Opinion / Op-Ed Contributors

Switching on to more dynamic TV culture

By Kim Gordon (China Daily) Updated: 2011-06-27 07:56

More than 200 production staff members from China's most populist entertainment television channel, Hunan Satellite TV, spent a grueling two days recently learning ways to make their channel's programming more creative and more socially relevant. It was a unique experiment by one of the most creative and commercially savvy broadcasters in China. Producers and directors had to learn and absorb the latest methods of creative thinking used by practitioners in the West and then immediately start to practice their new skills.

The new creativity drive coincides with government pressure to encourage broadcasters to broaden their program range. This seems to reflect a concern that television has become too commercial, too entertainment oriented and perhaps less socially relevant and useful. The State Administration of Radio, Film, and Television (SARFT) is considering restricting TV stations' ability to run shows that are solely entertainment.

The Hunan Satellite TV producers were quick to focus their minds on ways to use current "hot" issues as the basis for new programs. While some producers sweated over ways to make programs from topics like speed marriages and the problem of over-dependent young adults, other teams of producers were struggling with the topic of 30-something men and women who can't find suitable marriage partners, while others pondered the graver issue of how to try and reduce drunken driving.

However innovations in programming are always hard for any broadcaster, especially if the ideas seem to run counter to prevailing assumptions. And it is a widely held view around the world that broadcasters must either focus on making money through maximizing viewers and advertising income or focus on producing programming that is educational. So TV programming has traditionally fallen into two categories - the commercial and the educational - with each program type funneled into their own TV channel or time slot. In many countries television has ended up bifurcated into the "public service" education and information oriented channels, with fewer viewers and lower cost programming and the higher budgeted channels for TV dramas and game shows.

Hunan Satellite TV's attempts to find new programming styles and concepts can be seen as a move away from this TV apartheid toward a more dynamic and creative TV culture. And there is experience from abroad, particularly the United Kingdom, which offers encouragement for this approach.

The UK TV industry has led the world in developing program styles and formats that bring the fun and excitement of TV game shows and the storytelling skills of TV drama to bear on factually based and more overtly socially useful programming. This so called factual entertainment television has been a significant part of the UK's TV export drive.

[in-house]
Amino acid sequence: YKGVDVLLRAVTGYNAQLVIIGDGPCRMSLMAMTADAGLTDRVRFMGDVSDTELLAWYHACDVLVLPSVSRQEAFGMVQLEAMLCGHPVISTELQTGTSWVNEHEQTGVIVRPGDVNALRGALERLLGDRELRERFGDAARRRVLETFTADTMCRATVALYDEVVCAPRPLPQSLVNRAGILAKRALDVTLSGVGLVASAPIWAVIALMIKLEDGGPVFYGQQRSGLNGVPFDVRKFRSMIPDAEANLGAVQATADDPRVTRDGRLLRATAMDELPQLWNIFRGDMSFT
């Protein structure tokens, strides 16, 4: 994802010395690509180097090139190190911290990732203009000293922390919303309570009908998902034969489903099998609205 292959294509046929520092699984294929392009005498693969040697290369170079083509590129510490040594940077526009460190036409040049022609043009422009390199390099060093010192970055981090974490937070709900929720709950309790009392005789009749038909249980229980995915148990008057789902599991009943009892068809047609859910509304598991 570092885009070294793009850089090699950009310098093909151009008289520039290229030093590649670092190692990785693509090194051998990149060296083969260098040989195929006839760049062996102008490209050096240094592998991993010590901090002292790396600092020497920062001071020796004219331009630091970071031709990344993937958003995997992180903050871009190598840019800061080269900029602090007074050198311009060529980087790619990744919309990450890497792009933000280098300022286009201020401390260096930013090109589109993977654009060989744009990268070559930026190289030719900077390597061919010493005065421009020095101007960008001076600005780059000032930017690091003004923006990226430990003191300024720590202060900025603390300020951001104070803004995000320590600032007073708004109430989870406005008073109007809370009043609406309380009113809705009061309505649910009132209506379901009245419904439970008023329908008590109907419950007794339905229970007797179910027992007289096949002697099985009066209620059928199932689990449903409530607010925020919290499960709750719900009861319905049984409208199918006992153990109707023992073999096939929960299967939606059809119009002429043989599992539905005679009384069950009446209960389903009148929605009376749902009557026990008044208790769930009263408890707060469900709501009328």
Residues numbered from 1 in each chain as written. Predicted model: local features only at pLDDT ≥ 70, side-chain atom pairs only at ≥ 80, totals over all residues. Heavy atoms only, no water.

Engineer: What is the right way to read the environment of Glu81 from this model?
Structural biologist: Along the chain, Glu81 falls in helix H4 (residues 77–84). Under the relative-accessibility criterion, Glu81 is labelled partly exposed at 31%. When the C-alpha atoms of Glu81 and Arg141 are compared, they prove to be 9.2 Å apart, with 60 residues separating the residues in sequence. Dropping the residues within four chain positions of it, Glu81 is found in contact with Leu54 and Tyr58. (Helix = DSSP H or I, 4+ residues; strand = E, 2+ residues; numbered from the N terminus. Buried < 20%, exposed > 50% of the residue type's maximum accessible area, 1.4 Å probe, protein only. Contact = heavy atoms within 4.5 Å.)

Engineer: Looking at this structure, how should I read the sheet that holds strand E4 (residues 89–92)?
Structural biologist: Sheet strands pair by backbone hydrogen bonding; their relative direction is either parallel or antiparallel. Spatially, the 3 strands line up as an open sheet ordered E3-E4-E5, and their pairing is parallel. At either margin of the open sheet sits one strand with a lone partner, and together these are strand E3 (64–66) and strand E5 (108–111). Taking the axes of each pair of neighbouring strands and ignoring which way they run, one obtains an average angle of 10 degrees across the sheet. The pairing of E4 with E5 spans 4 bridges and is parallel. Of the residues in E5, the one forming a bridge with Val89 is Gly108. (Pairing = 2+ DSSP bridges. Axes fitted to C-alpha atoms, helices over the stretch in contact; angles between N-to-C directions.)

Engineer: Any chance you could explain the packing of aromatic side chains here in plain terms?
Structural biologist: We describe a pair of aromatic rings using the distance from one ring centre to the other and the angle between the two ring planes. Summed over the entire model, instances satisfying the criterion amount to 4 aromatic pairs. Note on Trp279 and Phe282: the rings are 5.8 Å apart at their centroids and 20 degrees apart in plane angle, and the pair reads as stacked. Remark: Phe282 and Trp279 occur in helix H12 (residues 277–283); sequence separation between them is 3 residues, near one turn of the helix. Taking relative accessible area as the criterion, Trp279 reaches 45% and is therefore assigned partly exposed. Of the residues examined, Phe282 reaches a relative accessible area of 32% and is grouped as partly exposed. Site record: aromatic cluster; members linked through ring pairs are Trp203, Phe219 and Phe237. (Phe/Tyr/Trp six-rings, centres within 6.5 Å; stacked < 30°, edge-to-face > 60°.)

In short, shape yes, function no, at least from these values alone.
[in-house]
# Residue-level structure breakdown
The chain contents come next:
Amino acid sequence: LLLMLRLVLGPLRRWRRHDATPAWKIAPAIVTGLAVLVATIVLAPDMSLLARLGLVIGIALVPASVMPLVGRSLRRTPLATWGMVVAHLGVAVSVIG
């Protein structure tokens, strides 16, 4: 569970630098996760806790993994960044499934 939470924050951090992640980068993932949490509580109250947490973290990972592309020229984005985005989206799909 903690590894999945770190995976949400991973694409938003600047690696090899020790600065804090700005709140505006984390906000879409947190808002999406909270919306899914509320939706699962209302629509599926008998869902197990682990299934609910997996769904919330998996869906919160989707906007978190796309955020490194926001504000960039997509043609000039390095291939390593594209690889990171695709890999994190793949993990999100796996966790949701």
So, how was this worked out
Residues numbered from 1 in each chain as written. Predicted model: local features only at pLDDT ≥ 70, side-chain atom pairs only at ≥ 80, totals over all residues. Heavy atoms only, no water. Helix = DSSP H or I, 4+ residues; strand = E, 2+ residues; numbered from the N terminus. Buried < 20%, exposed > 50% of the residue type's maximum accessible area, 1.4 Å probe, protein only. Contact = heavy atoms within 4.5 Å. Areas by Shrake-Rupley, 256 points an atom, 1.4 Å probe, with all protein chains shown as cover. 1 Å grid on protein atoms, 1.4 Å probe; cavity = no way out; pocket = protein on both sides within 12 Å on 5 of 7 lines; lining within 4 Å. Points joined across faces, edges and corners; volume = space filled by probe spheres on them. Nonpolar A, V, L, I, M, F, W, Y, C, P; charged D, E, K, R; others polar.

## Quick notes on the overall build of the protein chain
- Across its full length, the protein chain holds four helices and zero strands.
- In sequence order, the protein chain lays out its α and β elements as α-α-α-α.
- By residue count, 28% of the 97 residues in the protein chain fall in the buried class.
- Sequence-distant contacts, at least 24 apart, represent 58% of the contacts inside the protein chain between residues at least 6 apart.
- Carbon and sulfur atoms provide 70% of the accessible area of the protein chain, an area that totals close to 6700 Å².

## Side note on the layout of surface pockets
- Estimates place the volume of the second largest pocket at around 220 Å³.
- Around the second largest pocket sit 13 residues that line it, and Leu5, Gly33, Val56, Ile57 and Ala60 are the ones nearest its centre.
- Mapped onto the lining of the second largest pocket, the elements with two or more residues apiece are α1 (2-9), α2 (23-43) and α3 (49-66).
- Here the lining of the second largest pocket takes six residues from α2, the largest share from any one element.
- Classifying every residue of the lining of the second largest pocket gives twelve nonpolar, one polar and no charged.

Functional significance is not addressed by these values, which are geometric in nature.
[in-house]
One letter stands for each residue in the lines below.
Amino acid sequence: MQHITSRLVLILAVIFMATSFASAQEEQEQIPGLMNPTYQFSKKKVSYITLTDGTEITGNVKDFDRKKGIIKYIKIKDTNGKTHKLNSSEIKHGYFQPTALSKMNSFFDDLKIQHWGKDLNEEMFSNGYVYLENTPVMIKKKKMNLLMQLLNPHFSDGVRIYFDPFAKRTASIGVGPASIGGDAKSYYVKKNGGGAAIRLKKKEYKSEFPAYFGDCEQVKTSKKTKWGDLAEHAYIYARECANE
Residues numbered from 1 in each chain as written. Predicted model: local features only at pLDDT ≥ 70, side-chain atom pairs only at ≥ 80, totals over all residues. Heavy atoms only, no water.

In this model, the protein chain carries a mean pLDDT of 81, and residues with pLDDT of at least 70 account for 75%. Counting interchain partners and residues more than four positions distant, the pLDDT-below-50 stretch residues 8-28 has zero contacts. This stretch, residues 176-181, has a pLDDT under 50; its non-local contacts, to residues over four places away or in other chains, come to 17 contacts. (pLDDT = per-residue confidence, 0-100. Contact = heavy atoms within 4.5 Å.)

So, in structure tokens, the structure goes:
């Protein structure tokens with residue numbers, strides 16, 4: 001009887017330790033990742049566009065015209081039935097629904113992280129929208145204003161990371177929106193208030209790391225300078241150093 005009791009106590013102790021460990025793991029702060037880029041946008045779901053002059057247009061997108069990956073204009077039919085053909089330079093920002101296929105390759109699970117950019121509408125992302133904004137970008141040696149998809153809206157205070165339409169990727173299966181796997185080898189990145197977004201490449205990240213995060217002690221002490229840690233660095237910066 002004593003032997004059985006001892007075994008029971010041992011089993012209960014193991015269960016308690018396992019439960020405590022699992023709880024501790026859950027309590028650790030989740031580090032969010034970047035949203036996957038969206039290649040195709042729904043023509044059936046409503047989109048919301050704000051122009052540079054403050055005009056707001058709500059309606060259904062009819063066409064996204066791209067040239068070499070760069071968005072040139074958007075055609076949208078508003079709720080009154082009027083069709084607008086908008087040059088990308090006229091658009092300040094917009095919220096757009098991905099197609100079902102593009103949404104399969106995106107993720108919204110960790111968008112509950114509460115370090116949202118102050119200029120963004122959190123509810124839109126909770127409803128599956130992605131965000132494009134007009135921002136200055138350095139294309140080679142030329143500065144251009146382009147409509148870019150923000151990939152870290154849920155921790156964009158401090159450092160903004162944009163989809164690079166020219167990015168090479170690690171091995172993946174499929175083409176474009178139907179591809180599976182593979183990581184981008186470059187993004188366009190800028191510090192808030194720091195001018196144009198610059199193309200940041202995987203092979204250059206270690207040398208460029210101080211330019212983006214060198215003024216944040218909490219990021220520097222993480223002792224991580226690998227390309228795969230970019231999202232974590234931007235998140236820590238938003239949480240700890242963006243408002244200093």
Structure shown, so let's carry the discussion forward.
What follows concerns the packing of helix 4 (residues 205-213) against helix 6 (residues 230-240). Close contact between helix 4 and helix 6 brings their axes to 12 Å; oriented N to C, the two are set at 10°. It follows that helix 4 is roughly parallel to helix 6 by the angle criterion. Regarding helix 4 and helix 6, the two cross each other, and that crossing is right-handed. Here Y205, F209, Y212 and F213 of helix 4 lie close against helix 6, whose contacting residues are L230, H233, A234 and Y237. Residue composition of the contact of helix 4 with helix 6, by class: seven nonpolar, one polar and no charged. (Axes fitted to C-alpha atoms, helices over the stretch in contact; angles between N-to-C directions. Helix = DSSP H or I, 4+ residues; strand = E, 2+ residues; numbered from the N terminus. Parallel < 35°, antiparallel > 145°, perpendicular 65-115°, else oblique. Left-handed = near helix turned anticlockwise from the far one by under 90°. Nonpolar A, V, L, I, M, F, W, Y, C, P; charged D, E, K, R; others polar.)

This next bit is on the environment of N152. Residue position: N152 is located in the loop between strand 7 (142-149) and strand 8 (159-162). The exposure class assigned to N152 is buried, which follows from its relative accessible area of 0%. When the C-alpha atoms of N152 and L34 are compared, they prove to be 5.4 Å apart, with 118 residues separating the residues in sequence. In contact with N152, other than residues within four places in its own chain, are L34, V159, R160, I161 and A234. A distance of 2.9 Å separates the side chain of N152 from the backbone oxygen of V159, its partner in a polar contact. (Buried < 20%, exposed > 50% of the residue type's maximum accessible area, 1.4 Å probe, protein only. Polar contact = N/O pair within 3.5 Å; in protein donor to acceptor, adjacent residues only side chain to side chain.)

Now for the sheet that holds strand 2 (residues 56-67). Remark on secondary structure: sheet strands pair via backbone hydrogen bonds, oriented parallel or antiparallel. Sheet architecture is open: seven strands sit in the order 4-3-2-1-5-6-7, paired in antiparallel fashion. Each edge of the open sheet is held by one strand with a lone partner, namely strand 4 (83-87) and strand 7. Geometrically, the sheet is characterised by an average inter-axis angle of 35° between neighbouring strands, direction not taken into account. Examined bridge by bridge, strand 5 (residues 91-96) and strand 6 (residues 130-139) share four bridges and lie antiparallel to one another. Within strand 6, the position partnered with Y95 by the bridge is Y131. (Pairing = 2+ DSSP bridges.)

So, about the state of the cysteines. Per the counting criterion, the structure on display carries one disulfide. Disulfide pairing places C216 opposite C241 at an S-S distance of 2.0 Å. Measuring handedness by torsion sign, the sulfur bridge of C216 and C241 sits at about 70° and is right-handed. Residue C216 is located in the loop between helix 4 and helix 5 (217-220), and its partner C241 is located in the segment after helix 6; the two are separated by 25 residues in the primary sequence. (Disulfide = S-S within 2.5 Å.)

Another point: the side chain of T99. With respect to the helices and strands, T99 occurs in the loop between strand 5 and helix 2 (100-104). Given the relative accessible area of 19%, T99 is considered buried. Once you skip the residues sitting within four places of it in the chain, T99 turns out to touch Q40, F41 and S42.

Recently the UK has sold hundreds of millions of dollars of program formats worldwide and is more successful than the much larger and wealthier US TV industry. One of the reasons the UK is such a prolific exporter of TV formats is that the UK TV companies are more creative and take more risks. They have had to be because they have had to continually find new ways to meet specific social and educational responsibilities, whilst operating in a fierce commercial environment. Over the past two decades UK TV companies have found that programs that helped viewers cope better with the complexities of the modern world in a creative and engaging way were often more commercially successful than many entertainment and drama shows.

Chinese broadcasters now face a great opportunity. They are in a similar position to UK broadcasters when they first started on their world-beating path. The UK's great advance began when the government set up a new state-owned advertising funded broadcaster tasked with producing innovative and socially useful content. So the current pressure from SARFT to encourage a broadening of the TV landscape in China might be the start of China's TV export success.

Currently, the world's TV formats are dominated by those that reflect the zeitgeists of Britain, Holland and the United States, almost none have come from the developing world and only a tiny number have originated in Asia, and those few from Japan.

The challenge facing the young Hunan TV producers and directors is huge: To create programs that completely emerge from Chinese experiences and culture and are also potentially big audience grabbers. But this is an innovation challenge that is one that they are fully capable of rising to. Despite the unfamiliarity of the creative thinking techniques the producers rapidly caught onto the methodology and theory. And certainly from the evidence of the often insightful and always imaginative ideas and program concepts flying around the hall, the leap forward in Hunan TV creativity may not be far off.

The author has been consulting and leading training projects for Chinese TV companies since 2000.

(China Daily 06/27/2011 page8)

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